Glenwood Springs City Council grants six-month extension on Meadows apartment approvals |

Glenwood Springs City Council grants six-month extension on Meadows apartment approvals

Pete Fowler
Glenwood Springs, CO Colorado
Kelley Cox Post Independent

GLENWOOD SPRINGS, Colorado ” The Glenwood Springs City Council is uneasy about a 120-unit planned apartment complex at Glenwood Meadows because income-restricted housing is not required there.

The developer, Glenwood Meadows LLC, asked for a three-year extension on 2005 approvals and zoning variances for the project. It would be a six-building apartment complex on a lot near the Municipal Operations Center. The City Council voted Thursday night to give only a six-month extension while seeking further assurances from the developer that income-restricted housing is still part of the plan.

“At this point we have no way of providing any sort of assurance there would be an affordable housing component to this project,” said Mayor Bruce Christensen.

Glenwood Meadows LLC is essentially the same as Aspen’s Dunrene Group that developed Glenwood Meadows.

“My concern is that there appears to be no requirement that the affordable aspects of this go forward,” said Councilor Russ Arensman. “We’re taking a risk and a gamble on that.”

A letter from the Balcomb and Green law firm on behalf of the Dunrene Group says, “Glenwood Meadows remains confident that both a quality development partner and the prospect for application of state funding will become available as the current economic and financial crises begin to settle.”

Arensman had motioned for approving the three-year extension before agreeing to the six-month term as the discussion progressed. Councilor Shelley Kaup also agreed with the three-year extension before voting for six months.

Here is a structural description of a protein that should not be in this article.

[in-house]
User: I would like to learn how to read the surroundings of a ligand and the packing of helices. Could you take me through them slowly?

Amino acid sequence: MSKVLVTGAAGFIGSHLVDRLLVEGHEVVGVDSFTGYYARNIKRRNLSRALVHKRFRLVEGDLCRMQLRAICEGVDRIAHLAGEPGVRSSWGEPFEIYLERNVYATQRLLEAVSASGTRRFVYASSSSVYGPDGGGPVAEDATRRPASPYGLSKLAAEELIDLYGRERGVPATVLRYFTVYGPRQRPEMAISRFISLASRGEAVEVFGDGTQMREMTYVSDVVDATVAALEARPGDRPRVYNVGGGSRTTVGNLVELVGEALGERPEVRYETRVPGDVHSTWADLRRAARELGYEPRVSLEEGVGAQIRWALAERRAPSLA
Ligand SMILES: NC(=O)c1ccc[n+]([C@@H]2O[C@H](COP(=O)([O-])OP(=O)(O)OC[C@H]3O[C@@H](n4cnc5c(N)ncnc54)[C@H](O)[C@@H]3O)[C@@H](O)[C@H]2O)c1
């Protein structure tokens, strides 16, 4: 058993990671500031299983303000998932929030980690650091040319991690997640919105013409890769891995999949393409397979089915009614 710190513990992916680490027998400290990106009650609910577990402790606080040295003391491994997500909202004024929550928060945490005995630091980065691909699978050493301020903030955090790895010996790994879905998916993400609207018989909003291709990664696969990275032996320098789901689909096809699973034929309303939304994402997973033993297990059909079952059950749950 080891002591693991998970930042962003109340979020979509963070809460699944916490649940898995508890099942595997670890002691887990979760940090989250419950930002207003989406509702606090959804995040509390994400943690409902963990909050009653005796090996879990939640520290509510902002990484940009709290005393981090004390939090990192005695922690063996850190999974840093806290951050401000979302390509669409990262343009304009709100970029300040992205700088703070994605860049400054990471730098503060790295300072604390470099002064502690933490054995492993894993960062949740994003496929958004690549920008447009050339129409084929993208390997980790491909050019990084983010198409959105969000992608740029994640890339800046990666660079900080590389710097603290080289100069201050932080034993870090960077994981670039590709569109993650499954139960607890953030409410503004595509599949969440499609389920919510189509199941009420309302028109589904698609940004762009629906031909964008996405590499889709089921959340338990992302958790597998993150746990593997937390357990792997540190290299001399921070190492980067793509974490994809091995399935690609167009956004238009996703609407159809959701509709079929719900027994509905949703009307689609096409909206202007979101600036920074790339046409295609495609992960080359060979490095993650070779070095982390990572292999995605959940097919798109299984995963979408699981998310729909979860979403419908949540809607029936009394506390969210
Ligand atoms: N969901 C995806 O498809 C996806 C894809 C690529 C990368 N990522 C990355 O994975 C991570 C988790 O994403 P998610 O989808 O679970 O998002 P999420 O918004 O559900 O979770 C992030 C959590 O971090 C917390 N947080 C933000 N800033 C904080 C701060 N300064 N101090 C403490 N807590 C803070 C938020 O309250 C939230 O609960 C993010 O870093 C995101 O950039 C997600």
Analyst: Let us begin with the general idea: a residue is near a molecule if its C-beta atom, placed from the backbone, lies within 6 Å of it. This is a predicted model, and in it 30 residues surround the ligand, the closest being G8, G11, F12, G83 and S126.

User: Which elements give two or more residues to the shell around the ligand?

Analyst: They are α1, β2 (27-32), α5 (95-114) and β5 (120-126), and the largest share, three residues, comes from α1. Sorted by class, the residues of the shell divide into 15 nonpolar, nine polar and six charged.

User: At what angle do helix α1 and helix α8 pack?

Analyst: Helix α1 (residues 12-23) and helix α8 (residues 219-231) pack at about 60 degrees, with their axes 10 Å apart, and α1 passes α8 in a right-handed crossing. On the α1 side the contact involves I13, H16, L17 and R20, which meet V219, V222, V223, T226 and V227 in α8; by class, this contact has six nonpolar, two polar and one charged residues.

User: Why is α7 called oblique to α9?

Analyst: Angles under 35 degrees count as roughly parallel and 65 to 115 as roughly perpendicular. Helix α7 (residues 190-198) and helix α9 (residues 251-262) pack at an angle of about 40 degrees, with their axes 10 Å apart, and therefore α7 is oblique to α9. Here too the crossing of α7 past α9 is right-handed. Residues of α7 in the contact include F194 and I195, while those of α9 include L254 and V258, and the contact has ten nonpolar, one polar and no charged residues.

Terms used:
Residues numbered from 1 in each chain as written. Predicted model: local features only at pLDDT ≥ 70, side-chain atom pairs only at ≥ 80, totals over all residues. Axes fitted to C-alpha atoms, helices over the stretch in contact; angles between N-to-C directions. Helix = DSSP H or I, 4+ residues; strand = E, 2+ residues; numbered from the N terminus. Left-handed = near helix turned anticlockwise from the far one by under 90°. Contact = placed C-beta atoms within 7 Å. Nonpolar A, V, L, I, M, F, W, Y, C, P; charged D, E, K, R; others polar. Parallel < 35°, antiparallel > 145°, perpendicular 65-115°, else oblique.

“I think the project addresses a critical need for housing in the community,” she said. “I think in these current economic conditions it’s warranted for us to grant this extension.”

In 2005, the developer was looking to obtain public financing for income-restricted tenants. It obtained a Colorado Housing and Finance Authority (CHAFA) award as the primary financing for the apartments. But, by the time the approvals were obtained, the CHAFA award lapsed and a subsequent award for $8.9 million in requested tax credits wasn’t given. Glenwood Springs had deferred around $800,000 in development fees and construction of a park on the property.

Robert Macgregor, of the Dunrene Group, has said the group spent almost 21⁄2 years and $1 million before the project failed in 2007.

Community development director Andrew McGregor recommended approving the three-year extension, in part due to tough economic times and the desperate need for housing in Glenwood Springs. Preserving the approvals and variances could make the project more appealing rather than letting them disappear.

“Obviously we’re in a different financial time now,” McGregor said, adding later, “We desperately need this type of housing project in the community. The latest data shows that our vacancy rate has softened to a whopping 2.7 percent.”

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